Winter Shortcakes with Maple Crème Fraîche

winter shortcakes with maple creme fraiche

Shortcakes aren’t just for summer strawberries. Lots of fruits pair well with cake and cream, including dried fruits like cherries, apricots, prunes and pears, which require little in the way of added sugar. The result: intense fruit flavors and lots of luxurious juices perfect for soaking into biscuits. It’s a great use for leftover buttermilk biscuits. Simply reheat them in the oven, spoon warm fruit and syrup between the halves and drape the whole lovely package with a thick, silky ribbon of maple crème fraîche. For best results, make the fruit compote a day or two ahead of time and let it sit in the refrigerator in its syrup so the flavors can mellow and meld.

Adapted recipe reprinted with permission from Wintersweet: Seasonal Desserts to Warm the Home © 2013 by Tammy Donroe Inman, Running Press, a member of the Perseus Books Group.

Winter Shortcakes with Maple Crème Fraîche
Makes: Makes 6 individual shortcakes
Fruit Compote:
  • 2 ounces (57 g) dried pears or dried apricots, halved
  • 2 ounces (57 g) prunes
  • 2¼ cups (560 ml) water
  • ¼ cup (60 ml) brandy
  • ½ teaspoon vanilla extract
  • ½ cinnamon stick
  • 2 ounces (57 g) dried cherries
  • 2 tablespoons granulated sugar
  • 1 to 2 tablespoons freshly squeezed lemon juice, to taste
Buttermilk Biscuits:
  • 2 cups (280 g) all-purpose flour
  • 1 tablespoon baking powder
  • ¾ teaspoon salt
  • ¼ teaspoon baking soda
  • ½ cup (110 g) cold unsalted butter, cut into small cubes
  • ¾ cup (175 ml) buttermilk, plus more for brushing
Maple Crème Fraîche:
  • 4 ounces (113 g) crème fraîche
  • 1 tablespoon maple syrup (preferably Grade B)
  1. For the fruit compote, add the pears and prunes to a small saucepan and cover them with the water and brandy. Add the vanilla and ½ cinnamon stick to the pot. Bring the liquid to a boil. Reduce the heat, cover and simmer for about 15 minutes, or until the fruits are starting to become tender when prodded with a knife. Add the dried cherries and continue to cook for 5 to 10 minutes more, or until the fruits are soft but not disintegrating. Cooking times will vary depending on how big the pieces of fruit are, how thoroughly they were dried and how long they’ve been stored. Bigger, tougher fruits will require more time to cook.
  2. Transfer the fruits from the pot to a small bowl with a slotted spoon and measure the liquid left behind. You should have at least ½ cup (125 ml) of liquid remaining in the pot. If not, top it off with a little water. Return the liquid to the pot and stir in the sugar. Increase the heat and boil the syrup until it has thickened and little bubbles spread from the edges to the center, 5 to 10 minutes. You should have about ⅓ cup (80 ml) of syrup. Pour it over the fruit and gently stir. Taste the compote and add some fresh-squeezed lemon juice to balance the sweetness. (The compote can be made one or two days ahead of time and, in fact, is best that way. Store it covered in the refrigerator, and rewarm it just before serving.)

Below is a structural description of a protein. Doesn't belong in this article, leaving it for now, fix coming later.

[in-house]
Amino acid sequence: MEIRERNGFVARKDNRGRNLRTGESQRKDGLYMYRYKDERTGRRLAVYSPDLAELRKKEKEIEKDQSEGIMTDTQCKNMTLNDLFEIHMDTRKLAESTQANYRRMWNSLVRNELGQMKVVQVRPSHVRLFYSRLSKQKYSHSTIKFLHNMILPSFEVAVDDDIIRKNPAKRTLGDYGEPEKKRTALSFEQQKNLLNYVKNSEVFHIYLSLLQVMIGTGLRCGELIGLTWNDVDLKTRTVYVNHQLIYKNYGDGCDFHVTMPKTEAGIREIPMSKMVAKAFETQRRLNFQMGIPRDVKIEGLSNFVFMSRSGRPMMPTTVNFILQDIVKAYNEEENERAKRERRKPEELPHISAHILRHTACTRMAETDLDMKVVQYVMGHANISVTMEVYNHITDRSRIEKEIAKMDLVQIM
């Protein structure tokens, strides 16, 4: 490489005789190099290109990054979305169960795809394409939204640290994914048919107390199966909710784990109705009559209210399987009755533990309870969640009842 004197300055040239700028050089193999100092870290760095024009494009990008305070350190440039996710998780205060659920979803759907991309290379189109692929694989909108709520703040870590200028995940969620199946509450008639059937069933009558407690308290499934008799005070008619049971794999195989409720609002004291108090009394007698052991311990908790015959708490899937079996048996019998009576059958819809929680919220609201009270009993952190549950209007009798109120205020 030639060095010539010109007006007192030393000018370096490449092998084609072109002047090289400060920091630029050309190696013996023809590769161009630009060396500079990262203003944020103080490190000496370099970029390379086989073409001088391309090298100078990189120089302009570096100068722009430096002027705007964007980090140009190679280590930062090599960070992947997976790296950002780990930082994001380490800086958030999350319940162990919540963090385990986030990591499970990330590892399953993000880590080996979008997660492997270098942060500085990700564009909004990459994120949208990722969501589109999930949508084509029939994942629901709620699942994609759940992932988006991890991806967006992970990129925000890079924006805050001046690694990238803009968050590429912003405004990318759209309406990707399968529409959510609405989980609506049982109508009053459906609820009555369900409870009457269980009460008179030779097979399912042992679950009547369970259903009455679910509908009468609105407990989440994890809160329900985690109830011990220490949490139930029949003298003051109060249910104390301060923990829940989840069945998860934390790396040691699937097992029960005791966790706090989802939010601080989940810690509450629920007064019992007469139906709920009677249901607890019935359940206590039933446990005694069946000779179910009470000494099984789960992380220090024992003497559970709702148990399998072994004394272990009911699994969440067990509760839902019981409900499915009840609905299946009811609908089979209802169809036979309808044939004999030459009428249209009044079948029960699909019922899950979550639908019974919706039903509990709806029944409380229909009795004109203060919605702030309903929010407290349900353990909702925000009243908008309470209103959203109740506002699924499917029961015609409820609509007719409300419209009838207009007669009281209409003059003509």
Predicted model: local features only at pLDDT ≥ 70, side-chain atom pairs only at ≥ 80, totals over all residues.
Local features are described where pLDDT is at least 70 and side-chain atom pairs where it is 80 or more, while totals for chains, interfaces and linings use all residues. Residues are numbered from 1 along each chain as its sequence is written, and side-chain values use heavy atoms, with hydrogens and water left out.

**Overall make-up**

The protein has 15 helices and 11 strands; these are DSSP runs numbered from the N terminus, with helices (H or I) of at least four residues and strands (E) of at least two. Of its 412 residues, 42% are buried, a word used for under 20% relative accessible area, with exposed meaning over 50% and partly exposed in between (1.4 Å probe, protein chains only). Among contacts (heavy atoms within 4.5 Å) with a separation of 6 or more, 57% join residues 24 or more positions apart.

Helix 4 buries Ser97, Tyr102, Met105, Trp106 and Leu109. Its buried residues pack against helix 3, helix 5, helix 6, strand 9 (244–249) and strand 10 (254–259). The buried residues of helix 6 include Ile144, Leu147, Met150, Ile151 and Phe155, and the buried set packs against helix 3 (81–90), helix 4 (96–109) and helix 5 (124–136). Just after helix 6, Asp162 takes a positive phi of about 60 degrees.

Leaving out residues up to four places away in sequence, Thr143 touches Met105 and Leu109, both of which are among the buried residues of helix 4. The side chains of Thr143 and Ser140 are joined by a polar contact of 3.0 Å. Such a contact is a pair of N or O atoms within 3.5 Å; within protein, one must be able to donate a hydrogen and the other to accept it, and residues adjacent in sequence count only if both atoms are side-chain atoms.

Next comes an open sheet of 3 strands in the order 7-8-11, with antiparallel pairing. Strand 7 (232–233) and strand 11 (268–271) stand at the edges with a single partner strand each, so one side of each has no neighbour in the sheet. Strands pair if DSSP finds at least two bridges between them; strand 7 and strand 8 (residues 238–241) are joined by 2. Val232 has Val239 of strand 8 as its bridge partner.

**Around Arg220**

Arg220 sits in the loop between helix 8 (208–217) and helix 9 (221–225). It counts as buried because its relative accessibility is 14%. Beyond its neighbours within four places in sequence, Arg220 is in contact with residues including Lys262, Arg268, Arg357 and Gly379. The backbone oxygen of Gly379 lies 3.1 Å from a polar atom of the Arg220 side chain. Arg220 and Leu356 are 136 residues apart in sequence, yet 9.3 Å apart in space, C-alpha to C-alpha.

3. For the biscuits, preheat the oven to 425°F (220°C). Grease a baking sheet or line it with parchment paper.
  4. Add the flour, baking powder, salt and baking soda to the bowl of a food processor. Add the butter cubes and pulse 20 to 30 times, or until the largest butter pieces are about the size of peas. (You can also cut the butter into the dry ingredients with a pastry blender or your fingers.) Dump the mixture into a medium bowl. Add the buttermilk and fluff the mixture with a fork until the liquid is absorbed and it forms a shaggy dough that holds together when pressed. If it seems too dry, add another tablespoon or two of buttermilk.
  5. Flour your counter well and turn out the dough. Bring the dough together and fold it over on itself several times to create buttery layers. Now, gently pat it into a disc about ¾-inch (2 cm) thick. Using a 2½ -inch (6-cm) biscuit cutter or jelly jar, cut out as many rounds as possible, cutting straight down without twisting. Dip the cutter in flour to prevent sticking. The scraps can be rerolled, but handle gently. Set the biscuits on the prepared pan about an inch (2.5 cm) apart. Brush the tops with buttermilk for shine, if desired.
  6. Bake the biscuits for 18 to 20 minutes or until they’re golden brown and crusty on the tops. Remove them from the oven and transfer them to a rack to cool slightly. Serve the biscuits warm with butter, jam or honey butter. Cooled biscuits can be stored in an airtight container at room temperature for 3 to 4 days. Reheat them in a toaster oven.
  7. For the maple crème fraîche, whisk the crème fraîche and maple syrup together in a small bowl. It will not be thick like whipped cream, but thin and satiny.
  8. To assemble the shortcakes, split six biscuits in half so that the bottom half is thicker than the top half to allow the fruit syrup to soak in. Set the bottom halves of the biscuits in individual shallow bowls and spoon the warm fruit compote over them. Place the other biscuit halves on top. Spoon a ribbon of maple crème fraîche over the sides. Serve additional compote and maple crème fraîche at the table.

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